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Separation of environmental effects on community variation of a larch forest in north China

Published online by Cambridge University Press:  10 October 2018

Qindi ZHANG
Affiliation:
College of Life Sciences, Shanxi Normal University, Linfen 041004, China. State Key Laboratory of Urban and Regional Ecology, Research Center for Eco-Environmental Sciences, Chinese Academy of Sciences, Beijing 100085, China.
Zongshan LI
Affiliation:
State Key Laboratory of Urban and Regional Ecology, Research Center for Eco-Environmental Sciences, Chinese Academy of Sciences, Beijing 100085, China.
Lei YANG
Affiliation:
State Key Laboratory of Urban and Regional Ecology, Research Center for Eco-Environmental Sciences, Chinese Academy of Sciences, Beijing 100085, China.
Xing WU
Affiliation:
State Key Laboratory of Urban and Regional Ecology, Research Center for Eco-Environmental Sciences, Chinese Academy of Sciences, Beijing 100085, China.
Jintun ZHANG*
Affiliation:
College of Life Sciences, Beijing Normal University, Beijing 100875, China. Email: zhangjt@bnu.edu.cn
*
*Corresponding author

Abstract

Pangquangou National Nature Reserve is well known as ‘the distribution centre of Prince Rupprecht's larch (Larix principis-rupprechtii)' in China. Community variation in Prince Rupprecht's larch forest provides habitat heterogeneity for animals, especially for the endemic and endangered brown-eared pheasant (Crossoptlon mantchuricum). In this study a total of 120 quadrats (each 10×10m) were established to measure and record species composition and six environmental variables to examine the underlying variables that control community variation. We applied a multivariate regression tree analysis to detect community variation, and used redundancy analysis-based variation partitioning to separate the effects of environmental variables on community variation. The results show that Prince Rupprecht's larch forest in the Pangquangou National Nature Reserve can be represented by eight community types. The amount of total species variability captured by all environmental variables was 20.6%, and the cumulative percentage variance of species–environment relationships was 95.8%. However, analyses with a conditional effect approach revealed that elevation, aspect and litter thickness contribute the most to community variation. The pure and joint effects of these three explanatory variables were separated with variation partitioning analyses. The results highlight that the effect of elevation accounts for the largest fraction of community variation in Prince Rupprecht's larch forest.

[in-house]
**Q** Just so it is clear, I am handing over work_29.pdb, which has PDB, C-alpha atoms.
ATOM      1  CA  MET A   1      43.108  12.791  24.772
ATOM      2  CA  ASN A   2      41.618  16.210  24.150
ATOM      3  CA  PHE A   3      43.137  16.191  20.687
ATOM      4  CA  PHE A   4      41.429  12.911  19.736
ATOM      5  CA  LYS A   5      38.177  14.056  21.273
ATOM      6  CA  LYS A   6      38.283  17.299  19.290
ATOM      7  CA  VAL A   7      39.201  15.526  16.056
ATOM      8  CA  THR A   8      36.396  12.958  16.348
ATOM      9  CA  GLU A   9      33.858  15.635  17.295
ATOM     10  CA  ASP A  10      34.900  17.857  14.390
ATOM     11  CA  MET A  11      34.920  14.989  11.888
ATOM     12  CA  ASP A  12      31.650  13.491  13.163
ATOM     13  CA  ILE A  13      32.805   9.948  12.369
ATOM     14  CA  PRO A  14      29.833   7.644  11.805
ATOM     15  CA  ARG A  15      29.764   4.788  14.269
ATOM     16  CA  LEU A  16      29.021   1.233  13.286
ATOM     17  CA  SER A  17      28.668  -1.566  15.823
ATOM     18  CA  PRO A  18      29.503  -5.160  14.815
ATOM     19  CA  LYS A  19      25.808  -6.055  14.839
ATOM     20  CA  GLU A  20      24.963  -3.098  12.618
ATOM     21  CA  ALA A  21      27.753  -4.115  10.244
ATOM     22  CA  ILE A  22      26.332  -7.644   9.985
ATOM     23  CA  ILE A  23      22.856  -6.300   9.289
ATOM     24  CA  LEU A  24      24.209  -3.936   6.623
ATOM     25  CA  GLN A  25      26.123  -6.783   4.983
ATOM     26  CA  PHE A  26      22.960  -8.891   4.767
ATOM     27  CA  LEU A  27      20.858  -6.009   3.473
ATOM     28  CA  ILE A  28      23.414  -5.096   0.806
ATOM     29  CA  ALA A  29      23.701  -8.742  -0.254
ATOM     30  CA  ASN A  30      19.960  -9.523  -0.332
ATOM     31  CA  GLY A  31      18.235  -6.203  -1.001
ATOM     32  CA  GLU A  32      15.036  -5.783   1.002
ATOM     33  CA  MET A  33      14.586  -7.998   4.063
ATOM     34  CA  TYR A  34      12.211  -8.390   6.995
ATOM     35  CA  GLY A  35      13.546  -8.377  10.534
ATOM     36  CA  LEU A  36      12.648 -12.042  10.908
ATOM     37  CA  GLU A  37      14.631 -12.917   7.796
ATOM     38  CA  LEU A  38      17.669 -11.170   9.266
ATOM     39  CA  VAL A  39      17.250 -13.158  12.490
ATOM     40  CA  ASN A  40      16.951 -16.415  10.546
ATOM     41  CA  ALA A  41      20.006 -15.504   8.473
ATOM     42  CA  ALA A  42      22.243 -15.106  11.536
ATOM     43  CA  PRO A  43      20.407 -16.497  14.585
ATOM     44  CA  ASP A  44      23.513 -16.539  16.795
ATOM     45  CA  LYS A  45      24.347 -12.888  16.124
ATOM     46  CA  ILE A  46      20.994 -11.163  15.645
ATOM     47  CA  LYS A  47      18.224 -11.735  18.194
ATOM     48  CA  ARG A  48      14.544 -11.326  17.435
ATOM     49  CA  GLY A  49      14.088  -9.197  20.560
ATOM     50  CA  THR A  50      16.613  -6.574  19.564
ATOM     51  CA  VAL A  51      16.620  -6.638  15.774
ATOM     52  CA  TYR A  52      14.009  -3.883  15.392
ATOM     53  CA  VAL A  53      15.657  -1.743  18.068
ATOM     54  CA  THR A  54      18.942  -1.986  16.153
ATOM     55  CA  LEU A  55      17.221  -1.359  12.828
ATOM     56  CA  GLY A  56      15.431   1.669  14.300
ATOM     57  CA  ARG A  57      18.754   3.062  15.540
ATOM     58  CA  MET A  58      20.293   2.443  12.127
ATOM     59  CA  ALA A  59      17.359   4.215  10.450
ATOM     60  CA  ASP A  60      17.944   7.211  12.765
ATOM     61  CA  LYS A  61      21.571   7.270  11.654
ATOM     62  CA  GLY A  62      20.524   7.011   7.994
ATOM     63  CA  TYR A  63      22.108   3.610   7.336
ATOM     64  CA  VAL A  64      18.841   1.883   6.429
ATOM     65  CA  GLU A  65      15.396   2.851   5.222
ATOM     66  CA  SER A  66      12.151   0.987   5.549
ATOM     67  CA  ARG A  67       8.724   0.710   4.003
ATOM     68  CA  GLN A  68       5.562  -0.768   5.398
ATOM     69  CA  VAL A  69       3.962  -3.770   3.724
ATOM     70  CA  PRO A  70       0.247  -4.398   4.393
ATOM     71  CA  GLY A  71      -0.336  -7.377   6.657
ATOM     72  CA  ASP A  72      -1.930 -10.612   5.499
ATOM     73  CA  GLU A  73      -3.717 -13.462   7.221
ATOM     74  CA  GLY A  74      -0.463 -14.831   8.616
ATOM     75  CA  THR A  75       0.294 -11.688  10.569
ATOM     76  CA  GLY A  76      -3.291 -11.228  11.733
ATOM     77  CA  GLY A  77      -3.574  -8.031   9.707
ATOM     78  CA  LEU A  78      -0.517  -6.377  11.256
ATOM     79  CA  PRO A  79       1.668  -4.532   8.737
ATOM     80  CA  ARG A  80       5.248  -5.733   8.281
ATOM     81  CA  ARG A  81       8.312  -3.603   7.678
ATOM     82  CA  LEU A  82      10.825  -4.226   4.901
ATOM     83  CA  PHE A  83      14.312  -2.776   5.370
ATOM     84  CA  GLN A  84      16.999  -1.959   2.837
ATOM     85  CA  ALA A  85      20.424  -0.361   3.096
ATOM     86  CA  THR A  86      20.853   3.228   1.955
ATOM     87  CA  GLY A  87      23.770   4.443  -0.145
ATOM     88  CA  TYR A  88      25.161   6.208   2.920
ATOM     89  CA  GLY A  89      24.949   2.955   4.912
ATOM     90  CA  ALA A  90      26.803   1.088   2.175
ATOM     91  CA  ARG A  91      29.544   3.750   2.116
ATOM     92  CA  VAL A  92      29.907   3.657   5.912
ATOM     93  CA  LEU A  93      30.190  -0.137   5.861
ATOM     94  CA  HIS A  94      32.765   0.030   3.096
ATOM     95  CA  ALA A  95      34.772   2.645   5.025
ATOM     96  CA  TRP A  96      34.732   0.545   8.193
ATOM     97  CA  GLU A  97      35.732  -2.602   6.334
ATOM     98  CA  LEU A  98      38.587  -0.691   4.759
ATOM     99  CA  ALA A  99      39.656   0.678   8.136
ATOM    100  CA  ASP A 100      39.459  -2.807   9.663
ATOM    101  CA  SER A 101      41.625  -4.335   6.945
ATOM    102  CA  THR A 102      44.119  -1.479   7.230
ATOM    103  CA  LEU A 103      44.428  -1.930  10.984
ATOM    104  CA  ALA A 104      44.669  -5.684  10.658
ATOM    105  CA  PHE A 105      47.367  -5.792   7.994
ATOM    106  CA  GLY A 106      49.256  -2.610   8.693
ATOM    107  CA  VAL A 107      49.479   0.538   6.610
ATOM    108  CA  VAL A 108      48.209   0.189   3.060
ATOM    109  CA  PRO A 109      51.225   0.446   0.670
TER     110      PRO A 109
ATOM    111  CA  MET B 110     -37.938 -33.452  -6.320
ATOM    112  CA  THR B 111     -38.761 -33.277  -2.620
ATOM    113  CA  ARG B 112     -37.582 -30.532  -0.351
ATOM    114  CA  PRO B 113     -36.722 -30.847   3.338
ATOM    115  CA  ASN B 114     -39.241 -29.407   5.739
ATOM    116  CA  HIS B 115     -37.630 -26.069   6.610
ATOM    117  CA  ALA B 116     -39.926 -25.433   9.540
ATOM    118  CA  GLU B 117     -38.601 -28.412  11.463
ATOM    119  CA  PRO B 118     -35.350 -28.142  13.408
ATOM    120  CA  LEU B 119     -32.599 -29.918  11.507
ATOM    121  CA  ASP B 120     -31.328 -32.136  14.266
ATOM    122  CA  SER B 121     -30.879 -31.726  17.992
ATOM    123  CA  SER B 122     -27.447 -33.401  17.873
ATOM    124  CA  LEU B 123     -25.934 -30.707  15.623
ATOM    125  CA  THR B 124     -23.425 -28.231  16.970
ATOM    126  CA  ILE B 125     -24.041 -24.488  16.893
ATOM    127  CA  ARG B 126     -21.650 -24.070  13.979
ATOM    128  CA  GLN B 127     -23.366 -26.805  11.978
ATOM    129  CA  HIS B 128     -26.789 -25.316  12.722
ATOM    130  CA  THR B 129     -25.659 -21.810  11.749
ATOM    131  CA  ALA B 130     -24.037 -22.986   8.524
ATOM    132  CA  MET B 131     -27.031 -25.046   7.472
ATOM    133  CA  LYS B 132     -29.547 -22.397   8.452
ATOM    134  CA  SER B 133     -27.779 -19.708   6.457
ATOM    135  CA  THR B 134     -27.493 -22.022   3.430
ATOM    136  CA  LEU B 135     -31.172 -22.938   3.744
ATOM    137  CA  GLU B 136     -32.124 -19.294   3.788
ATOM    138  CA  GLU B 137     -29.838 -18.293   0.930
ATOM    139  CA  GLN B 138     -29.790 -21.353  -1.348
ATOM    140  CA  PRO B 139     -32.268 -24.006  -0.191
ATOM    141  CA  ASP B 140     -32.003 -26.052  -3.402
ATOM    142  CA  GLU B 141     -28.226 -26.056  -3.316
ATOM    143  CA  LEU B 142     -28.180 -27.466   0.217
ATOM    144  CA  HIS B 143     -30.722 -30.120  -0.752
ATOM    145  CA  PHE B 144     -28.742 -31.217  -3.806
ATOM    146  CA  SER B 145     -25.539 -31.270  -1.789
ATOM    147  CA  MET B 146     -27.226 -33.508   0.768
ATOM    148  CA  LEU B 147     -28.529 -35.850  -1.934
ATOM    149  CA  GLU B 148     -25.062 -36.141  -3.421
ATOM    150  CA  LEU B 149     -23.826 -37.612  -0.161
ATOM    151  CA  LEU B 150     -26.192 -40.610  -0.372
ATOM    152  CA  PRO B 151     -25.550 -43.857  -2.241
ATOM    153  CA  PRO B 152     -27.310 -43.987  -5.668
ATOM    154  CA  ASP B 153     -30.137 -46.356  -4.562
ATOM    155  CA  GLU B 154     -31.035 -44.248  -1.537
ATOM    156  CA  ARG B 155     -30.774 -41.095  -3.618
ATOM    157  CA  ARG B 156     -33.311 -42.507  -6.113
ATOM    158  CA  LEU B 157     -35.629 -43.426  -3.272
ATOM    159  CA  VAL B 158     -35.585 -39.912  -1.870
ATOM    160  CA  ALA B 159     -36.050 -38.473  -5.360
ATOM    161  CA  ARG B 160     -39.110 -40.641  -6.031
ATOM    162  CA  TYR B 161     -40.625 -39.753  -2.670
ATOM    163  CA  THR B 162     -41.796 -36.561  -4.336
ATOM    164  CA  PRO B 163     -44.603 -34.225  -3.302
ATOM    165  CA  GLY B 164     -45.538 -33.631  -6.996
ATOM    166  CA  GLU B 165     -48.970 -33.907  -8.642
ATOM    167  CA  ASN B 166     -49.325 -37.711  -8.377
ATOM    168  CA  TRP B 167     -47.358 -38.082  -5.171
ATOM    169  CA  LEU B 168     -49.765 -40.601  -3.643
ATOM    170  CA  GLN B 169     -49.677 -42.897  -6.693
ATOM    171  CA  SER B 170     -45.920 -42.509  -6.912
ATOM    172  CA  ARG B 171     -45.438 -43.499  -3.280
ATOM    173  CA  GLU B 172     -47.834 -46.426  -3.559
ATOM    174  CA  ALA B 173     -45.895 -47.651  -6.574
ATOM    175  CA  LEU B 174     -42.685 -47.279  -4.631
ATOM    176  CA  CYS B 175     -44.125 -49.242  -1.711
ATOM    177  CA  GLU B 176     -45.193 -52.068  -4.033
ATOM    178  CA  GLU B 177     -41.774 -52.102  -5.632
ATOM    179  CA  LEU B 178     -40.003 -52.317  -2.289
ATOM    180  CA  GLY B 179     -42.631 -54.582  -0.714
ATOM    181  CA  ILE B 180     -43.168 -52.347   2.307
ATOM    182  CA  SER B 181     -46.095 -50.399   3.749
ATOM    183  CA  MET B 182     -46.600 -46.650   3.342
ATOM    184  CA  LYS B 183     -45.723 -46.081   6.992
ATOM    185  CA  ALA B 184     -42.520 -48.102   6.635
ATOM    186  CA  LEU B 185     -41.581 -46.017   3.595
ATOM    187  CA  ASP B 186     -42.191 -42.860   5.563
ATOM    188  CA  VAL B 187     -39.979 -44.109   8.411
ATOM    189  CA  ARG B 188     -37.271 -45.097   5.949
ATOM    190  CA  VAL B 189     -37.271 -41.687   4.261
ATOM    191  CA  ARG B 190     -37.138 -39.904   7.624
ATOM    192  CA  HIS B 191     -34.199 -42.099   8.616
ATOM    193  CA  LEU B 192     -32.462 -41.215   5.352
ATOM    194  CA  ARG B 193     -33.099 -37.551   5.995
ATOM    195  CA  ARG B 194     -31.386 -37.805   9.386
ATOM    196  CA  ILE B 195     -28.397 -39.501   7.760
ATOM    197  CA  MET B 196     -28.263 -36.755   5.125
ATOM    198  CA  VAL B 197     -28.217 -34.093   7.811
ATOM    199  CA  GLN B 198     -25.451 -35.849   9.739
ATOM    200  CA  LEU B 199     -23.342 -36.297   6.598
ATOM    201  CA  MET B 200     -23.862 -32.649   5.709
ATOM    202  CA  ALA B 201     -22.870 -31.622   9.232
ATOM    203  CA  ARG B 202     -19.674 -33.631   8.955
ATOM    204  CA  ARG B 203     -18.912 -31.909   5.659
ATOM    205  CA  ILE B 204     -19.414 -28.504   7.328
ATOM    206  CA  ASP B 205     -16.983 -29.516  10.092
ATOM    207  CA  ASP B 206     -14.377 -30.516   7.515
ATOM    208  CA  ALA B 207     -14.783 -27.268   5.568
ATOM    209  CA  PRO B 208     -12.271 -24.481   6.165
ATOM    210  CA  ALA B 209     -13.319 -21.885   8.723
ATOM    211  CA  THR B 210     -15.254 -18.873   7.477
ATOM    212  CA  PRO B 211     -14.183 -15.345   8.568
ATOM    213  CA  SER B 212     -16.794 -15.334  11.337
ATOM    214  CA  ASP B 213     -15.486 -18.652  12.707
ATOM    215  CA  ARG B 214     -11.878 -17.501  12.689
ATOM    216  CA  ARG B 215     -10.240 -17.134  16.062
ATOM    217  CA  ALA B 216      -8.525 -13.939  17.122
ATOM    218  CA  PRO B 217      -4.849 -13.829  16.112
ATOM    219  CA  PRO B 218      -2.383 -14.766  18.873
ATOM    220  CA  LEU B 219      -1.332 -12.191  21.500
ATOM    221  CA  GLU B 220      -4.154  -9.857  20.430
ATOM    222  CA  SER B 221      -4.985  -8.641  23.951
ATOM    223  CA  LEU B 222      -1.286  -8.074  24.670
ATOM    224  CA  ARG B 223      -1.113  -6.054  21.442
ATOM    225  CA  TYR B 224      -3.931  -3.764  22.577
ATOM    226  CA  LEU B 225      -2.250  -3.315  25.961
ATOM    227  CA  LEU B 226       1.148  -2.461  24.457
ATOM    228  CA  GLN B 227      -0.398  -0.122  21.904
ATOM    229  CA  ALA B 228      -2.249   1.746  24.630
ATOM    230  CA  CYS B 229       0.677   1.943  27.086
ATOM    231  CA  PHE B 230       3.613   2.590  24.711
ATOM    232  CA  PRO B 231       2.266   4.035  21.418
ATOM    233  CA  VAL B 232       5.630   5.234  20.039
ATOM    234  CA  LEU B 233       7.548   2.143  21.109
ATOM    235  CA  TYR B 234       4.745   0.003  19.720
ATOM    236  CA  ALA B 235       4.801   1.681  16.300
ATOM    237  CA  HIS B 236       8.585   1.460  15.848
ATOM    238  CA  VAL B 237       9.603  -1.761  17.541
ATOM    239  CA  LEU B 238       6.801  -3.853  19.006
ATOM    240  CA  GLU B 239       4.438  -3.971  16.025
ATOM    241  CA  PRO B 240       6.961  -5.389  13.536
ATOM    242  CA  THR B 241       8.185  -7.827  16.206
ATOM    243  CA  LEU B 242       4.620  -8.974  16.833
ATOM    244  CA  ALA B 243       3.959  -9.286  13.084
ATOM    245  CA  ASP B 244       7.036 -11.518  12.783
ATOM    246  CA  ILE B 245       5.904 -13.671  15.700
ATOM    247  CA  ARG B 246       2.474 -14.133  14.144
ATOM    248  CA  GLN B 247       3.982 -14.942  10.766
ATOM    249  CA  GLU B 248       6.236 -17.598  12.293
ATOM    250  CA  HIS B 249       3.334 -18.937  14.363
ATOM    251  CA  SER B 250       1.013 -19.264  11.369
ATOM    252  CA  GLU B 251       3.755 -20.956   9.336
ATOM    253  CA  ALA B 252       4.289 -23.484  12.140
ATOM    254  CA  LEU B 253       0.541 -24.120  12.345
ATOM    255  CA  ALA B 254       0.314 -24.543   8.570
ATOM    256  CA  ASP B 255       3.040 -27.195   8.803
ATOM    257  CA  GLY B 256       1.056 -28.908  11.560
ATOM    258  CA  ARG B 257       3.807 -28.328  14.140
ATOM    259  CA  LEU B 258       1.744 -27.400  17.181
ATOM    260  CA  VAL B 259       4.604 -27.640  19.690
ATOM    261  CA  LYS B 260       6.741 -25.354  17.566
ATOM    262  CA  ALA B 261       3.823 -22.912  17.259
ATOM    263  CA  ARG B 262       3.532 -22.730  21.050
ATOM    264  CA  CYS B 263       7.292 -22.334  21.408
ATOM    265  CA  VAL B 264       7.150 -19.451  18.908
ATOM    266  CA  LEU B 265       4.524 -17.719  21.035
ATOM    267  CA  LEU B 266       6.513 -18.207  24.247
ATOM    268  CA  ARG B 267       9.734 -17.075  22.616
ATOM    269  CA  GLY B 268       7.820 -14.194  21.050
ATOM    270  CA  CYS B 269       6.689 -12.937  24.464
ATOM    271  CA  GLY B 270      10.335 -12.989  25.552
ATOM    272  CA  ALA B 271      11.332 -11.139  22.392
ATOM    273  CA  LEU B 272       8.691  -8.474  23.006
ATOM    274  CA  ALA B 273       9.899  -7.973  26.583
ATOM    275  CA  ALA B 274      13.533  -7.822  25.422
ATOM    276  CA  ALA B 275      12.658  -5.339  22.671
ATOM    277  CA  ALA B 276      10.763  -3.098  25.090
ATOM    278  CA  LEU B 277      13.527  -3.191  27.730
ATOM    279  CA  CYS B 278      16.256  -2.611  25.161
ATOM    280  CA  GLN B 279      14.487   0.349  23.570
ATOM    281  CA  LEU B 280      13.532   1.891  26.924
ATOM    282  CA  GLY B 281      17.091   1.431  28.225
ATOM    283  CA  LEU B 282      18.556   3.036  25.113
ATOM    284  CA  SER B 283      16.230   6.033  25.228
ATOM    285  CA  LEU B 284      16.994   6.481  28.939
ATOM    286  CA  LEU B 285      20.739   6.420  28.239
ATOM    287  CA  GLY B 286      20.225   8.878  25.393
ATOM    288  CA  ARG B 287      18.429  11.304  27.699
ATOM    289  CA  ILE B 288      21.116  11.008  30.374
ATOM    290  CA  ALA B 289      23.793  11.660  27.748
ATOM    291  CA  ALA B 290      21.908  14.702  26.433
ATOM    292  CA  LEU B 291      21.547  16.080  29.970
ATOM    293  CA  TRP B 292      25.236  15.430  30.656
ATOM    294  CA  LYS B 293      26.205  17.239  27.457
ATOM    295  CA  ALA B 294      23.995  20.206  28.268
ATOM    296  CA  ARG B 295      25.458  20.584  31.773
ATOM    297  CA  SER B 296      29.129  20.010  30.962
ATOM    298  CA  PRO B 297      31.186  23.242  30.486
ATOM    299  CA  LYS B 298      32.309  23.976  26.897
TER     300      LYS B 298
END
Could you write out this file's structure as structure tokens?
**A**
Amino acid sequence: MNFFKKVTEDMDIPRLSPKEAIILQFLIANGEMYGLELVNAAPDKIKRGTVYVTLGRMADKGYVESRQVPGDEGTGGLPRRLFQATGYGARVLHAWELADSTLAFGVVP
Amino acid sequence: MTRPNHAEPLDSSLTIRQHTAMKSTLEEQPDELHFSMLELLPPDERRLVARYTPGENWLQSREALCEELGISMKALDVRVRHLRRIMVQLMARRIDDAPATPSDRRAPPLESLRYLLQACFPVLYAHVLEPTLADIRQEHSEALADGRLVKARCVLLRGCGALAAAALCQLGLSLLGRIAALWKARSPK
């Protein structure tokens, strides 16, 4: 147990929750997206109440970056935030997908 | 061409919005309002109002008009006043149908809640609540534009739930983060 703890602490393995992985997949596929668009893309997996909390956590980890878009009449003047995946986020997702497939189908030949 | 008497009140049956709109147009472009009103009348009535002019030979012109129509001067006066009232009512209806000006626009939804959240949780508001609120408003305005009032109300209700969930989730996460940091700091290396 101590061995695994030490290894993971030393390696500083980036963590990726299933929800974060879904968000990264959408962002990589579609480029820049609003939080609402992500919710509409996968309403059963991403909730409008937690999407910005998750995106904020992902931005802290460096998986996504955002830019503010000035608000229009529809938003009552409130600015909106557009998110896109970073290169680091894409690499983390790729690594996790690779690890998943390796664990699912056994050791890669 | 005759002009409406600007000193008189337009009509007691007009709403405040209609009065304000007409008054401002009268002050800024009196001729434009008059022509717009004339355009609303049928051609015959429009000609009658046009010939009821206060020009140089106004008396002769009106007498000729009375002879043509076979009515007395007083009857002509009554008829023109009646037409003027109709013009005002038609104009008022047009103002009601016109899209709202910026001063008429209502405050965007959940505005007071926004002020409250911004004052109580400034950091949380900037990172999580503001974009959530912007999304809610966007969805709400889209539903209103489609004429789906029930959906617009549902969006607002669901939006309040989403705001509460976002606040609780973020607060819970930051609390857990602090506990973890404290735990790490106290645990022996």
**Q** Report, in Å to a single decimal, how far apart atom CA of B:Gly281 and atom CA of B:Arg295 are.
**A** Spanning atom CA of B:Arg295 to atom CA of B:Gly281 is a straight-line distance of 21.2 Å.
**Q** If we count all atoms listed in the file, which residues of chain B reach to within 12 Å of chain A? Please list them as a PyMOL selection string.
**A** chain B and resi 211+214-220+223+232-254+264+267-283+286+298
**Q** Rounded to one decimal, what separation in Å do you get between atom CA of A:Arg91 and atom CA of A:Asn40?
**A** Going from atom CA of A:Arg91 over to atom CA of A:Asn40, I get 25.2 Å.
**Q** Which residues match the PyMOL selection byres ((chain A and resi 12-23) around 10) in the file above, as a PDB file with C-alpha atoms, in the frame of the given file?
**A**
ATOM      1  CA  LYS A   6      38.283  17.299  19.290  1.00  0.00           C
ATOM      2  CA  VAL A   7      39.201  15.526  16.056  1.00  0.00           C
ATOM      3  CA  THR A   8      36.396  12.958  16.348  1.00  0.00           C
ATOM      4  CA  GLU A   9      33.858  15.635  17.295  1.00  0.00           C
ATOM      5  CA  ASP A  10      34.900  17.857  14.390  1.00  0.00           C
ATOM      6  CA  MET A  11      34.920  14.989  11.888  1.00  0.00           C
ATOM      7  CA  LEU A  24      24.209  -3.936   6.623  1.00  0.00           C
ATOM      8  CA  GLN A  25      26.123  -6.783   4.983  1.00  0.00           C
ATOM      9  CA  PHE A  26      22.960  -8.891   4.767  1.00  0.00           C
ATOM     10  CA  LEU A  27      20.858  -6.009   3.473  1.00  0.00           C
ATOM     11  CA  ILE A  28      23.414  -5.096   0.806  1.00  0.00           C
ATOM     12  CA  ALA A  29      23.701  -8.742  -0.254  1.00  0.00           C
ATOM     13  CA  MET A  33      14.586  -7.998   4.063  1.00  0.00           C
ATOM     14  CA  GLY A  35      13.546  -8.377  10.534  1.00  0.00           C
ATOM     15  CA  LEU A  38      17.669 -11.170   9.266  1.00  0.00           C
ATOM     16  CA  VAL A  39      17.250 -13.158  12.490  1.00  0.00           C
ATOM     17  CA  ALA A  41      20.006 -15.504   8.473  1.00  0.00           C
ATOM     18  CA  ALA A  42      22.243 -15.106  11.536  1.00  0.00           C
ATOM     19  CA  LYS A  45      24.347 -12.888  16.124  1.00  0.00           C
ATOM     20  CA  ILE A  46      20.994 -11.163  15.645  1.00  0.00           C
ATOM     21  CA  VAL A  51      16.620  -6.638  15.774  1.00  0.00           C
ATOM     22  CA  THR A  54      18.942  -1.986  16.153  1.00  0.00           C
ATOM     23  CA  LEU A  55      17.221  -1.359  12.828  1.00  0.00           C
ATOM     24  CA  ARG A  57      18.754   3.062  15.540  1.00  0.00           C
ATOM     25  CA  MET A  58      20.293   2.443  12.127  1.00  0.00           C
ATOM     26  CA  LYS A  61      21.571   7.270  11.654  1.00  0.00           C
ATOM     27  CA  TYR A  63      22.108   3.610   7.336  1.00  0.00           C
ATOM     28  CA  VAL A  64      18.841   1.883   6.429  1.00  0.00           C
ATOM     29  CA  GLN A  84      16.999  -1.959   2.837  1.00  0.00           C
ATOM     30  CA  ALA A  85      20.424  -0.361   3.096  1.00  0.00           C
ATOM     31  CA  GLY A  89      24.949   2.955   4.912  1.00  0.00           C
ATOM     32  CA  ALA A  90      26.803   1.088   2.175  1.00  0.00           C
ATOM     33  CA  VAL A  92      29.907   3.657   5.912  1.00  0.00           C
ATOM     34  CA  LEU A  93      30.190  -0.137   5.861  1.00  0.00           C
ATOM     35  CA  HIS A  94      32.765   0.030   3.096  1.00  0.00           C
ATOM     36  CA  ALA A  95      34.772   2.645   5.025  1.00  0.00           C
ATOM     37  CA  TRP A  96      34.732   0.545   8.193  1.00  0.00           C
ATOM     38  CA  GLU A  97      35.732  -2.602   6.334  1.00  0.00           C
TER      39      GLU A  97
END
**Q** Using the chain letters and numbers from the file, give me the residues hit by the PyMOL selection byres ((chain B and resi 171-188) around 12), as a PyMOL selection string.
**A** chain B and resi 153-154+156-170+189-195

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Articles
Copyright
Copyright © The Royal Society of Edinburgh 2018 

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